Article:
In the futility analysis 6 trials were ignored by the software application in the interim analyses because of low quality according to their Jadad score (<0.1%) Belhomme et al. (1999),57 De Hert et al. (2002),60 Nader et al. (2004),63 Kawamura et al. (2006),70 Amr et al. (2010)79 and Sirvinskas et al. (2015).84 The cumulative Z-score shows, that the RIS is 1072 patients, the point at which the Z-line crosses the 0.05% significance boundary for accumulated test results under due α-spending limitations. The futility boundary for the current study was achieved at 3018 patients (Fig. 4).
No trials were ignored in interim looks by the software application because of low information use (<0.1%) in the futility analysis. The required information size was estimated to be 1442 patients (Fig. 5).
The major findings of our study are that our meta-analysis shows that volatile anaesthetics, when used in elective coronary artery bypass graft surgery, reduce postoperative peak serum cardiac troponin enzyme levels by approximately 8% compared with non-volatile anaesthesia. The effect is seen in on-pump but not in off-pump bypass surgery. The novel aspect of this report is the analysis of the results of 11 OPCAB/MIDCAB studies (n = 593 study participants). However, data in this meta-analysis were not sufficiently powered to assess the influence of volatile anaesthetics on peak postoperative cTnI and cTnT.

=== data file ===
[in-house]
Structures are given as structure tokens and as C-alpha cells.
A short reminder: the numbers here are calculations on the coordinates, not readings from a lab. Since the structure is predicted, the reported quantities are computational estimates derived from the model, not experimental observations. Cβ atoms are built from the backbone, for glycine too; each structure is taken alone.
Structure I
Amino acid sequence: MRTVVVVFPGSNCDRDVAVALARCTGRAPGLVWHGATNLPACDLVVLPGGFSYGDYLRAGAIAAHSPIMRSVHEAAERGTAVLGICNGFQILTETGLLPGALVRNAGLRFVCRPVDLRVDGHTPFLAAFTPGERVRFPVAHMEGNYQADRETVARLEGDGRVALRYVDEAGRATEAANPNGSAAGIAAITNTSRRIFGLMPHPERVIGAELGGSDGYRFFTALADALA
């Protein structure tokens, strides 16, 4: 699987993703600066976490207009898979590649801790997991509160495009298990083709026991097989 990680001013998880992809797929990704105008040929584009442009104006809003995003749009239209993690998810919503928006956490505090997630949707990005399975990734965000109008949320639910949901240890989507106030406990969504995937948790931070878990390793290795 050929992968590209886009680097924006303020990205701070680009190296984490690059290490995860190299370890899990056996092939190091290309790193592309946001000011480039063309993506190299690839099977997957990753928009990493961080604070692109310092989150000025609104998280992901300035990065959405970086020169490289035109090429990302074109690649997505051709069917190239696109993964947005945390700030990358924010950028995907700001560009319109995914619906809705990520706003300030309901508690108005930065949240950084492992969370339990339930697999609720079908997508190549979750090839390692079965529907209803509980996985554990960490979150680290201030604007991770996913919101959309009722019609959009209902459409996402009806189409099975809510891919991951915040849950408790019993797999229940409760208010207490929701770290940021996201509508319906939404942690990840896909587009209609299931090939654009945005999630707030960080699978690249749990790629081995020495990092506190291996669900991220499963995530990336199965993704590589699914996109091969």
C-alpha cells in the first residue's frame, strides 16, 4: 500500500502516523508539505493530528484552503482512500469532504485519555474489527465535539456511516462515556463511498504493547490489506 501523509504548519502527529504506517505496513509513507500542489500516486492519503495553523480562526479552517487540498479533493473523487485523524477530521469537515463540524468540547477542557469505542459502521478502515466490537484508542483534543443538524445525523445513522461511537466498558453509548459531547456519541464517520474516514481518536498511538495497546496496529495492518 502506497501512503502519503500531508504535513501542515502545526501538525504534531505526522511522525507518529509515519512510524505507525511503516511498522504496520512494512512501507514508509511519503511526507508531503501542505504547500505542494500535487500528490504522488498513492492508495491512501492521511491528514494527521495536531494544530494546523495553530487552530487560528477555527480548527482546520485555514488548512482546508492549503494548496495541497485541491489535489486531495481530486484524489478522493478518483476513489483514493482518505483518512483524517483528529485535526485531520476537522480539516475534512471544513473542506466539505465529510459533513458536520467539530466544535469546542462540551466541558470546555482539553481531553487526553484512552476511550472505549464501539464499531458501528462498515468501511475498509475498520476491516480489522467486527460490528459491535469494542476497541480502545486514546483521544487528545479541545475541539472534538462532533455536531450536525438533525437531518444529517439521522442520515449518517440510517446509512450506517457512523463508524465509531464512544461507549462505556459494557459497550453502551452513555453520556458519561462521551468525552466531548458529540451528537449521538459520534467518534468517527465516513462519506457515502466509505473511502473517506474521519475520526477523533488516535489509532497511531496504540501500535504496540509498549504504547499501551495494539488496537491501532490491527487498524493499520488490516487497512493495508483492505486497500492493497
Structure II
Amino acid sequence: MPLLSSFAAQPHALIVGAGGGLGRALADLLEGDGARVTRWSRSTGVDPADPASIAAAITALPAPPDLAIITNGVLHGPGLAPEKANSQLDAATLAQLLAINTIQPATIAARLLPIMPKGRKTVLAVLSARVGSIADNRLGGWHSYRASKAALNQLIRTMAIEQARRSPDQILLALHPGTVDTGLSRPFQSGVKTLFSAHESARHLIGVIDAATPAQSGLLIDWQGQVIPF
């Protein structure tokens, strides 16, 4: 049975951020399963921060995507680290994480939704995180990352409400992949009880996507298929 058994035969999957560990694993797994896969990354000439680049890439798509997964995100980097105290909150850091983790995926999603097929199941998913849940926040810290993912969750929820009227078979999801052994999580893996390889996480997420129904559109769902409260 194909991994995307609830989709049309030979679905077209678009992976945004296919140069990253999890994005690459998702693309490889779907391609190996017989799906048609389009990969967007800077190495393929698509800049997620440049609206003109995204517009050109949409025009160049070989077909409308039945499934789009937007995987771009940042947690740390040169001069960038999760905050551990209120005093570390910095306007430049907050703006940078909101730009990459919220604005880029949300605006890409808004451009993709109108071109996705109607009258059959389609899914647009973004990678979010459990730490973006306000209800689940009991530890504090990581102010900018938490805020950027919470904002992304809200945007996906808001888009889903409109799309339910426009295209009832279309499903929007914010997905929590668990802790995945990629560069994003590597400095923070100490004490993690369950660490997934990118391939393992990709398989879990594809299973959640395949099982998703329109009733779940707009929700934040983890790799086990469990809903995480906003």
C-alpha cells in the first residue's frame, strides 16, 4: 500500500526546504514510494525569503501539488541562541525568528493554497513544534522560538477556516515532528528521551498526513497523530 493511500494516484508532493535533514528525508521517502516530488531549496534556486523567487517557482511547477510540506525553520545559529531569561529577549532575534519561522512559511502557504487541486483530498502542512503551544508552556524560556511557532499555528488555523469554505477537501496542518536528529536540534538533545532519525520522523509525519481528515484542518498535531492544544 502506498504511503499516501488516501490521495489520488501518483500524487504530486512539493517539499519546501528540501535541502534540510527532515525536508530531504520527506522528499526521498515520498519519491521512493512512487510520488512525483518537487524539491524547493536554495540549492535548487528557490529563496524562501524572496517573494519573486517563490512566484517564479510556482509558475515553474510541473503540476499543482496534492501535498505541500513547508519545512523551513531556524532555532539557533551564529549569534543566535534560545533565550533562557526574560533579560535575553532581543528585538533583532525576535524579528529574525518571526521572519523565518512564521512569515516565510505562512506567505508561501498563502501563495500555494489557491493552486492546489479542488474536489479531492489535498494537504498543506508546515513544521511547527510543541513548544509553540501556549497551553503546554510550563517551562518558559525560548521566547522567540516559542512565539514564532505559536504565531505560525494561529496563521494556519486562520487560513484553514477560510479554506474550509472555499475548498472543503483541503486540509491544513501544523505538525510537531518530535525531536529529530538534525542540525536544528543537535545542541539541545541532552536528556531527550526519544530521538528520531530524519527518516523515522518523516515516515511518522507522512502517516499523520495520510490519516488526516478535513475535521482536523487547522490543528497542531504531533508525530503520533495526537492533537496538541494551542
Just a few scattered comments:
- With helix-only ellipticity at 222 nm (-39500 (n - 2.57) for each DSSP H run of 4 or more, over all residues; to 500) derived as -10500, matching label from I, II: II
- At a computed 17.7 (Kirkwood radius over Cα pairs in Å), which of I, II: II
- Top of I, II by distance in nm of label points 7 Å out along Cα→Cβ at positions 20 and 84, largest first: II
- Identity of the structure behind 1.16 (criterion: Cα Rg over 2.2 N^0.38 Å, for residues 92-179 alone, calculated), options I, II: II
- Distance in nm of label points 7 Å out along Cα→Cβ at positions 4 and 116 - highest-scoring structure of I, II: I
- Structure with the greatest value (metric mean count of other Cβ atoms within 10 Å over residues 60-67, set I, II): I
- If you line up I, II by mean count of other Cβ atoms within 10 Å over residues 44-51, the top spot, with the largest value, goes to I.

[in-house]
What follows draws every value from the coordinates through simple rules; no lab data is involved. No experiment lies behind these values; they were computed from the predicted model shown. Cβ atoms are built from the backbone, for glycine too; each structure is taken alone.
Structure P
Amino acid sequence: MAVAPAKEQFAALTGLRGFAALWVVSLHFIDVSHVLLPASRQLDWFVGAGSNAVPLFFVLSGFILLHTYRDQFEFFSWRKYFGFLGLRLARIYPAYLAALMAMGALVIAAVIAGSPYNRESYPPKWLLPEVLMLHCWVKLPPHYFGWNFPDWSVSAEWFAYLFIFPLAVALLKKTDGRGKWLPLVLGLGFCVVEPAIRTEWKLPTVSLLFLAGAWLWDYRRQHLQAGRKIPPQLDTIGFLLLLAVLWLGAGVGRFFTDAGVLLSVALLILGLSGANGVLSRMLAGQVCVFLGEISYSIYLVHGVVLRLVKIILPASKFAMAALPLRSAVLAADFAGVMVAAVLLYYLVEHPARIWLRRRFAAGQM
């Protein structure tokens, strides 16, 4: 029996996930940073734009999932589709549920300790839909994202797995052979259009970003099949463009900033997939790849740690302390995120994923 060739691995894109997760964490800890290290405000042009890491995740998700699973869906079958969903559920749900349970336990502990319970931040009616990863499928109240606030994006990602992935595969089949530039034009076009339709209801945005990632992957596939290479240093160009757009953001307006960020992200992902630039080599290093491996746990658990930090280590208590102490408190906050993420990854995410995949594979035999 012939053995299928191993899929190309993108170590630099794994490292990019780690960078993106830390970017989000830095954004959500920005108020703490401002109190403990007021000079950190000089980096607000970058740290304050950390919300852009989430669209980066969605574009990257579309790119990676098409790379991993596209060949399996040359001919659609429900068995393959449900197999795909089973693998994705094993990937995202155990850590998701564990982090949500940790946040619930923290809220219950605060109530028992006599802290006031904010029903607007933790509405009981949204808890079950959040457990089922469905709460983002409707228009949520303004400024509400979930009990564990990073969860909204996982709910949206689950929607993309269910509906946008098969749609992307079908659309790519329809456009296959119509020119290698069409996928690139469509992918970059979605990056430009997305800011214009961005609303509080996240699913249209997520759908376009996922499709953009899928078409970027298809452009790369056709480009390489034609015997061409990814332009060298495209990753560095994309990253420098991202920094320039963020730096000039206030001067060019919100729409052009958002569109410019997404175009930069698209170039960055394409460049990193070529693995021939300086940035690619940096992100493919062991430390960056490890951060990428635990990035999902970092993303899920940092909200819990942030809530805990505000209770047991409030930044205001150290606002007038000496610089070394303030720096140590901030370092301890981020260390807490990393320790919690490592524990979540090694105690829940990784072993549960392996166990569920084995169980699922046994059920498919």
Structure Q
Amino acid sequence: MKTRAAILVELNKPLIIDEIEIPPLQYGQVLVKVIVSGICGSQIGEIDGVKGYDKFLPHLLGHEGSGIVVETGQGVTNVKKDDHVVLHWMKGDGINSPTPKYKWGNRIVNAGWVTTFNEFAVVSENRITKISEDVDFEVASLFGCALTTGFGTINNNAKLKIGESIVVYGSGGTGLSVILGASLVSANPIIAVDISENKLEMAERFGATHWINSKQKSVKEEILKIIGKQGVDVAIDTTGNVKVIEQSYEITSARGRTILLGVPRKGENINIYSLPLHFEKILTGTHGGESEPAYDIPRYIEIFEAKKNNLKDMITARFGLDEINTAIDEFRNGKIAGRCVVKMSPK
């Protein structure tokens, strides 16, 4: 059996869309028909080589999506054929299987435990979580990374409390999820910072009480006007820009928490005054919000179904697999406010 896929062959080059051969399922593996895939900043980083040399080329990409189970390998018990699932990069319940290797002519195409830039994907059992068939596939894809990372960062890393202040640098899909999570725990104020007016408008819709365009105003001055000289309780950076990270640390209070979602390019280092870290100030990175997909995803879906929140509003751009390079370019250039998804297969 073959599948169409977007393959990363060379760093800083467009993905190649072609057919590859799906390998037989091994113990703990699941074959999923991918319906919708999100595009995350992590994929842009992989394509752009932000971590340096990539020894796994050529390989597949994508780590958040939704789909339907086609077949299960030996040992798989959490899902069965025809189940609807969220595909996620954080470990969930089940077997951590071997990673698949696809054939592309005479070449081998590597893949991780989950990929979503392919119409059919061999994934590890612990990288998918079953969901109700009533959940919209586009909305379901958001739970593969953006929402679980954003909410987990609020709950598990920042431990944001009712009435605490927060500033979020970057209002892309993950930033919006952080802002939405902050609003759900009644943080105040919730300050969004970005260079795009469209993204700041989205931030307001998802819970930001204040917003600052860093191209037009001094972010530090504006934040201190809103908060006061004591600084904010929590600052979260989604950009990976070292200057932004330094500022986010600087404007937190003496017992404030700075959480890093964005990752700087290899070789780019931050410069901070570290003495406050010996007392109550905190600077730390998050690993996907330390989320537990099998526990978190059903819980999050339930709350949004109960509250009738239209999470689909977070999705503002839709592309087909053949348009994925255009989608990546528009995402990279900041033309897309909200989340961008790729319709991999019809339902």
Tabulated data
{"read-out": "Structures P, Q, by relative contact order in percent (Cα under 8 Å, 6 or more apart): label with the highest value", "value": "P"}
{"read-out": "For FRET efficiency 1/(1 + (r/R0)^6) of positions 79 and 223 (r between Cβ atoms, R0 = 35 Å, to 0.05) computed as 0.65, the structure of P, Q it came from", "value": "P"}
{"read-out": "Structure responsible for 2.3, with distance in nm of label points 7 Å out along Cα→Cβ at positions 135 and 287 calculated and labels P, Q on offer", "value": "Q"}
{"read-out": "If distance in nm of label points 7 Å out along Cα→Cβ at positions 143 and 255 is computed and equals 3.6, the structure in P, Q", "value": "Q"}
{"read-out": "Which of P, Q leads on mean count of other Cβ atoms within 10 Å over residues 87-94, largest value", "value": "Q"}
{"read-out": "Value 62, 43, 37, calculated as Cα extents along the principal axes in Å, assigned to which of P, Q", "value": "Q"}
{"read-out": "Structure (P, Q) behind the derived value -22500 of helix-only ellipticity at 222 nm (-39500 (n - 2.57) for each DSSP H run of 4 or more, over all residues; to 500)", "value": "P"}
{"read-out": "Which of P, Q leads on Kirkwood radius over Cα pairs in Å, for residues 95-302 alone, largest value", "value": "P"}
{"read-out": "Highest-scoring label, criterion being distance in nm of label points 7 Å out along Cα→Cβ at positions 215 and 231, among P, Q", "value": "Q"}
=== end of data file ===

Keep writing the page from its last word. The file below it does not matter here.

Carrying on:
The pooled TSA of on-pump CABG shows conclusively that no further trials evaluating surrogate markers of ischaemia are necessary, because the RIS is approximately 1000 patients and this was reached in late 2006. Thus, further investigation of this question appears unnecessary, as the current level of clinical evidence has almost attained futility. However, further investigations appear warranted for volatile anaesthetics in off-pump CABG surgery where RIS is estimated to be 1442 patients, a higher number than for on-pump CABG because of inconsistency in the findings of the available studies.